In many of my travels and conversations with Christian educators, the topic of the “big box church” competing for their children and youth’s attention usually comes up. How can the “average” church engage families when there is something more exciting in town? And they’re not talking about Sunday morning soccer or tee-ball. How can a congregation “compete” with a church that can pull out all the stops for the Gospel mixed with entertainment?
Tour the campus. At North Beach, students cross over the bridge between 2 orange palm trees through the glass entry where they check in and hang out and visit while announcements are shared over huge flat-screen TVs overhead. Or they can gather in the Kowabunga Kafe for a snack, the Mezzanine that is lined with arcade games, pool tables and air hockey. The Hang Ten Room is another sitting area, or the Fire Pit and Pods are open for community building. These pre-staging areas all lead to the Main Area, where the Stage is located and the service takes place. (Northview Church)
About a month ago I was in the Episcopal Diocese of Indianapolis to lead some workshops for Christian educators. The participants didn’t bring up this subject – I did. And later that day, my host, Debra Kissinger drove me around the neighborhood of St. Christopher’s Episcopal Church (a brand-new complex of immense size itself) in Carmel, Indiana to see what was popping up in town. It wasn’t Home Depot, Walmart, or IKEA. It was the megachurch – and I’d never seen so many in such a short 3-mile radius. My jaw continually dropped as we rounded each corner. How does a community sustain this many huge churches?Joel Osteen draws the largest weekly church crowd in America – 30,000, at three services. Rick Warren counsels pastors and political leaders in many countries (and has the bestselling nonfiction book in US history). Bill Hybels’s Willow Creek Association mentors more than 11,000 churches. These high-profile pastors are helping shape a religious phenomenon that is growing in a neighborhood near you – the megachurch. Defined as a non-Catholic congregation with at least 2,000 attendees, on a typical weekend, the largest megachurch hosts roughly 30,000 people, with a 300-member choir and a 10-piece band.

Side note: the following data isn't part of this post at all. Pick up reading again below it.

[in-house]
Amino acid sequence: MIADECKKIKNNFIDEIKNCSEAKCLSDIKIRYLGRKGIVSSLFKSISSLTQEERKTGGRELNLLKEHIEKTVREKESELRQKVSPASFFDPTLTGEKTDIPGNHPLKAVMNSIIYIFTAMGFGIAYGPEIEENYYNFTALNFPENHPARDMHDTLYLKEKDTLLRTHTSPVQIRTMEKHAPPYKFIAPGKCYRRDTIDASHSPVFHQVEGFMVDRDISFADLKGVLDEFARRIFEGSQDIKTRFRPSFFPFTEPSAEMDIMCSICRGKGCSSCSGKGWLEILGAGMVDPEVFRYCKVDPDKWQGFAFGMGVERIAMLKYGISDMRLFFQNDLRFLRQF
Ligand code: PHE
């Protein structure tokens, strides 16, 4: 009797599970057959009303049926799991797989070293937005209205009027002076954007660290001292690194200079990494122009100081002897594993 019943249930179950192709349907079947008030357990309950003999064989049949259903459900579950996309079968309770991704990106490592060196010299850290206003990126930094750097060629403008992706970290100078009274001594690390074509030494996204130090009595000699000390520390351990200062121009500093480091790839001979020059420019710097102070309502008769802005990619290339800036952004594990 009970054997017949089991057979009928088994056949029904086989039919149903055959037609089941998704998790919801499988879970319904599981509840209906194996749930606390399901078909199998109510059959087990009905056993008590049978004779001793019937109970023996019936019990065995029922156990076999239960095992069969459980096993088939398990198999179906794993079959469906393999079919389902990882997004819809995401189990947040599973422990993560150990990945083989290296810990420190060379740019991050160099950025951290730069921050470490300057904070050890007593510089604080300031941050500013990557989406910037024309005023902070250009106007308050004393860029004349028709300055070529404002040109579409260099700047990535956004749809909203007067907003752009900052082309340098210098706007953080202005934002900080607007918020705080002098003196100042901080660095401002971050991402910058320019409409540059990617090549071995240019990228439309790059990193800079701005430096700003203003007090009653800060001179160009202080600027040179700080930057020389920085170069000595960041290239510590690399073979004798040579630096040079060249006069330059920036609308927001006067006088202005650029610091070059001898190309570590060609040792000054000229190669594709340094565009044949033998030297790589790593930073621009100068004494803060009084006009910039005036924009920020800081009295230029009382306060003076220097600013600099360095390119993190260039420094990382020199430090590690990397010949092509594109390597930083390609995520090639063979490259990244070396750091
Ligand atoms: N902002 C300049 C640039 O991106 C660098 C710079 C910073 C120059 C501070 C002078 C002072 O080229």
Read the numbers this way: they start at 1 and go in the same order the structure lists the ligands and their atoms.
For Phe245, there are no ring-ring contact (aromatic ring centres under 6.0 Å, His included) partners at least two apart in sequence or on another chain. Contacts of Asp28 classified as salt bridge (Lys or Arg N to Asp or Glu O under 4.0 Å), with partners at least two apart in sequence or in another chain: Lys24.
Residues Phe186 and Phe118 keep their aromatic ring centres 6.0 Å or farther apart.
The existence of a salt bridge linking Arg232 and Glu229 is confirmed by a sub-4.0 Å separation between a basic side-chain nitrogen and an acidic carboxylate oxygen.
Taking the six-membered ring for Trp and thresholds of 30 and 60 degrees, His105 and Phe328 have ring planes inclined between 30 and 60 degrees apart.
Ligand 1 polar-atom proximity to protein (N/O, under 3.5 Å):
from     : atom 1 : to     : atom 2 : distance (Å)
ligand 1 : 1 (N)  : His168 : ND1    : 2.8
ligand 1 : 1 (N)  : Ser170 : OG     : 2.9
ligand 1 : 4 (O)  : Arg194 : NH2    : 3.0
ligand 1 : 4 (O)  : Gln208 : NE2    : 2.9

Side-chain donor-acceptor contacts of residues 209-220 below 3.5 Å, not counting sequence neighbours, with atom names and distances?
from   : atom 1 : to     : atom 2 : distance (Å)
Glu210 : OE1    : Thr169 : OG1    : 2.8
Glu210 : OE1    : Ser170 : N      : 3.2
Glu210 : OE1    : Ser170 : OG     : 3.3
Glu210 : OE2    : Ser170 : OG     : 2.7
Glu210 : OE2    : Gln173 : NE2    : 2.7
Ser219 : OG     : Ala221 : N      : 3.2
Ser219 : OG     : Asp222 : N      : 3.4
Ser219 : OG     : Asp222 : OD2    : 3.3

As we drove from site to site (with the theme song of Mission Impossible thumping through my brain) we stealthily wove our way in and out of parking lots as members began the steady stream into the amphitheater-style buildings for Saturday evening worship at 5:00pm. Debra drove as I hopped out to take a quick snapshot. The parking lots were filling, just as they do in my hometown on a Saturday night at the megaplex. I was incredulous. What’s the big draw? Anonymity? Good coffee? A live band? A charismatic leader? Comfy seats? Easy answers? Gospel-Lite? The assurance of going to heaven?Megachurch memberships generally explode within a two- to five-year period, becoming overnight successes. This can serve as a powerful attraction to one who is contemplating which local church to attend. As one member commented, “You hit a certain size and you can become self-generating. You attract people by your sheer size. People know that you are on TV and that this is that big place…There is a sense of something going on here…and size itself begats [sic] more growth” (Hartford Institute for Religion Research).